And of course, if there was a withdrawal from either Syria, or Iraq, Tehran would declare that as a big win, as I suppose ISIS would too. So there’s that at play. But let us assume that Biden does not pull US forces out before November. And let us also assume that he wins the election. Beyond backing Israel, do you see a coherent Middle East and North Africa strategy emerging? Because honestly, Caroline, I’m finding it hard to find one in his current term. 

No, I don’t think that the United States has a coherent Middle East strategy. I think that from the Trump administration onward, it’s been put on autopilot in the sense that we scrambled together these normalisation deals, we were trying to diversify our relationships beyond the security sphere and ultimately work on disengaging from the region. And I think that the past year has been a very important reality check to the United States, as well as its partners looking to disengage. And it demonstrates that you really cannot have your cake and eat it too. You cannot wish to be an influential actor in the diplomatic space and convene a ceasefire deal while also constantly talking about how you wish to disengage from the region. The United States needs to stay engaged in the Middle East; it needs to remain a proactive and active actor in this space, regardless of how its security posture looks. I think that in the United States, we assumed that the Palestinian issue was something of the past and that regional solidarity with Palestinian communities was waning. I think the United States also discarded any sort of crisis happening between Israel and Palestinian actors, as well as (underestimating) regional support for Palestine. And I think that’s why we’ve seen such a prolonged, really catastrophic offensive happen in Gaza. And of course, this resulting humanitarian disaster as well.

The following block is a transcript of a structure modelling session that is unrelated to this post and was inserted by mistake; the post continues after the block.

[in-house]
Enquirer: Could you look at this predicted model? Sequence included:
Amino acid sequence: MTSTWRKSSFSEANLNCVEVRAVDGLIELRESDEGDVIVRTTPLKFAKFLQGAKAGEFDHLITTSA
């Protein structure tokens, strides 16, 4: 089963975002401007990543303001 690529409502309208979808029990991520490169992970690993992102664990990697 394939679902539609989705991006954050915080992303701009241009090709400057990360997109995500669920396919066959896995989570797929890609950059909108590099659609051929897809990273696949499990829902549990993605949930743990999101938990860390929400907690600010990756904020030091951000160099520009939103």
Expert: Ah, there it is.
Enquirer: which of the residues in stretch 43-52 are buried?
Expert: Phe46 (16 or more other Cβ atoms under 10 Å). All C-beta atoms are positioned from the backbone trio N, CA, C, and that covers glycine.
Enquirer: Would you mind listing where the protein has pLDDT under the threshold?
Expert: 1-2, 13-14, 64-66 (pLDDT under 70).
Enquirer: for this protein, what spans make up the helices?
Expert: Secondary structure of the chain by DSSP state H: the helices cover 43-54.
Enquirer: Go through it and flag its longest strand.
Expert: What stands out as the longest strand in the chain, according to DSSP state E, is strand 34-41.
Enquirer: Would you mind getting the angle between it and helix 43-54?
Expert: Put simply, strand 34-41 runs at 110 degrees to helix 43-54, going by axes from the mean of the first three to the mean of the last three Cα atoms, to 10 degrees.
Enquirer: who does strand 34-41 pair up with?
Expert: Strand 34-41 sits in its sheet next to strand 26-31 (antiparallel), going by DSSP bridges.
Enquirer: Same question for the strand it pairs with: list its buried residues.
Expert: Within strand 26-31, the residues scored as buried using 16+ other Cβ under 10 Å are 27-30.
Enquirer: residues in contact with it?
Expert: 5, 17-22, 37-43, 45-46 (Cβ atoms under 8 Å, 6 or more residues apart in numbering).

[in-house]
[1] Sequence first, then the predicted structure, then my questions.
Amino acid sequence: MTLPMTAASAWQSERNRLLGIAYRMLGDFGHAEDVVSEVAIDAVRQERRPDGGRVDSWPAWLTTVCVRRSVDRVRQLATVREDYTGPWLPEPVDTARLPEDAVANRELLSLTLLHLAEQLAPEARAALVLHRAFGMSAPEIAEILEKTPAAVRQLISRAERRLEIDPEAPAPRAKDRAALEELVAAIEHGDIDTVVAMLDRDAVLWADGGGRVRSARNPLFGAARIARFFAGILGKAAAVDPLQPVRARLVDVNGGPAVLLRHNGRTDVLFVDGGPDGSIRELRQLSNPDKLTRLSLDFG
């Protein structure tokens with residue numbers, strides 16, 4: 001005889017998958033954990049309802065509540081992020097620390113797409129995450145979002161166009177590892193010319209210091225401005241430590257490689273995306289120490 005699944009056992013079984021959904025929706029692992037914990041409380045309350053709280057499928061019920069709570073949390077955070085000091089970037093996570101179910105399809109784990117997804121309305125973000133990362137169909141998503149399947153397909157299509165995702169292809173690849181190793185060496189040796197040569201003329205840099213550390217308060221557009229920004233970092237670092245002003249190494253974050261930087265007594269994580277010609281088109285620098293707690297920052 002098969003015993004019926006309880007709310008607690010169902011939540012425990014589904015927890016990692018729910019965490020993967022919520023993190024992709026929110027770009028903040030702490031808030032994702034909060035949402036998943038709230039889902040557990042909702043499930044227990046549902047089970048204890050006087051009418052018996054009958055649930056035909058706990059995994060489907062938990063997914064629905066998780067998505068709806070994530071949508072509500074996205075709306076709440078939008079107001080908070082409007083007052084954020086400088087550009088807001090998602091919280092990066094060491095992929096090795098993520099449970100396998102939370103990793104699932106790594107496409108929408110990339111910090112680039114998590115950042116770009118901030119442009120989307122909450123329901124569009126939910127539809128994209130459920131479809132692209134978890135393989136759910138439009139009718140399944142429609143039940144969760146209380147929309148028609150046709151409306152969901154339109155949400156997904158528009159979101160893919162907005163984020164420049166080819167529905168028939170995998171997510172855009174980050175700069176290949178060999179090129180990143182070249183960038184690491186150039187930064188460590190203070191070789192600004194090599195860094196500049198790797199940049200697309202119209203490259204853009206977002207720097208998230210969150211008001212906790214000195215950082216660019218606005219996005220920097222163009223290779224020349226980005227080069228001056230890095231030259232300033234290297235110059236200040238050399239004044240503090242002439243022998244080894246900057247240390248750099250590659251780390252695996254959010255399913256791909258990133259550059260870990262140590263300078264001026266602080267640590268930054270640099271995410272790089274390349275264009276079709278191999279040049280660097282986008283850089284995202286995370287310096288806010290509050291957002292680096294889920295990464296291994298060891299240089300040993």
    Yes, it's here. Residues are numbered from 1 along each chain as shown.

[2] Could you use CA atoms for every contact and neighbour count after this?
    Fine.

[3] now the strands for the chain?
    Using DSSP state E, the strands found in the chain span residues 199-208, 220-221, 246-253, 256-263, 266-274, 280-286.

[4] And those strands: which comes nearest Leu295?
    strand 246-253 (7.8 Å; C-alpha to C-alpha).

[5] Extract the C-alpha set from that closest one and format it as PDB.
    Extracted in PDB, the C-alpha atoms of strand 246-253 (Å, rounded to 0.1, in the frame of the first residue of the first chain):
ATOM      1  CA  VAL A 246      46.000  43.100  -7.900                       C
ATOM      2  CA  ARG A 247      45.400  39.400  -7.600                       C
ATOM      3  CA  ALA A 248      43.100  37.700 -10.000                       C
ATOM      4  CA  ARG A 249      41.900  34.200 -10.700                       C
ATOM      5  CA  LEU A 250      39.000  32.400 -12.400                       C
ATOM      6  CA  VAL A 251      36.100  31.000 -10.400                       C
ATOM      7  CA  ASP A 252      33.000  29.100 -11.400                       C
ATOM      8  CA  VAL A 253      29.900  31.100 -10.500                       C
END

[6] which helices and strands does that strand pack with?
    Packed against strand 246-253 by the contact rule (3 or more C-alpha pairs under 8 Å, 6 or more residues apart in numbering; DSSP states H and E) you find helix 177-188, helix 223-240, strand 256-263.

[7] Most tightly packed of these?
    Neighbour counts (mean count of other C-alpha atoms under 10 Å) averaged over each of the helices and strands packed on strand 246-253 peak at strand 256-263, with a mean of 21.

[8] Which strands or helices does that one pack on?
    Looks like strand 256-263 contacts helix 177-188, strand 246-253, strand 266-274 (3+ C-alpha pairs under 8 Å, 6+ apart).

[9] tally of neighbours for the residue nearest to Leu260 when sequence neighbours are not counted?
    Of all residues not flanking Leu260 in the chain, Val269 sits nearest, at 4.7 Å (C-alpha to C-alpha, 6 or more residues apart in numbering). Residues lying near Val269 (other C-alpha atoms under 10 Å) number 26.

Let me put another assumption to you. Donald Trump wins. A quick pull out of US forces in Iraq and Syria, a veering towards a position of grand isolationism? What would a Trump administration mean for the Middle East and North Africa? 

So a great question. And this is something I’ve been trying to grapple with. I think that there are actually two possibilities with the Trump administration. You could see full scale isolationism, which of course resulted in the strategies that we saw in Syria in 2018 and Iraq in 2020, that is really scaling down the United States forward posture. However we also would have an administration that – at least judging by the last Trump administration – is extremely aligned when it comes to Israel and I think we could potentially see the United States really commit itself with this Gaza offensive and double or even triple our arms sales to Israel. And additionally, you could also see a potential strategy that commits US troops and more personnel and not only in the Mediterranean and Red Seas, but potentially on the ground. This is especially, I think, also contingent on how many Iran hawks are positioned in a Trump administration. With the last Trump administration, we saw a lot of Iran hawks. And if that is the case, and if we do see continued Iran-Israeli escalation and shared strikes that could be a possibility worth exploring. So with a Trump administration, we need to consider that we could have two very opposite sides of the spectrum when it comes to a policy in the Middle East.

In a recent BBC interview, John Bolton when he was asked the same question said, ‘I don’t know. All I know is that whatever Trump does one day to the next is based on only one thing, which is what is best for Donald Trump. He doesn’t have a foreign policy agenda, he doesn’t have a foreign policy. In his mind, he doesn’t think that way.’ For the Middle East and for the rest of us that is a scary scenario.

Yes it is. And it’s worth remembering, too, that the Trump administration really engaged with Israel and, of course, ushered in the Abraham Accords. That’s something that I think will be a centrepiece of his administration trying to commit itself and commit increased US support behind Israel. I think that is a no-brainer, no matter whether they would militarily disengage or decide to bulk up US personnel in the region.

And as you say, with the Abraham Accords, Trump did something that no other president had done. He moved the needle, he shifted things in a way that hadn’t been shifted in decades. My goodness, we’re living in interesting times, aren’t we, Caroline? 

Very much so and it’s very sad too. I think that there was a lot of progress being made just under a year ago and now with this new reality, we’re seeing unprecedented escalation. And at the end of the day, it’s these communities on the ground that are suffering and experiencing the implications. So it’s a very sad reality. And it’s been a very sad year in the Middle East indeed.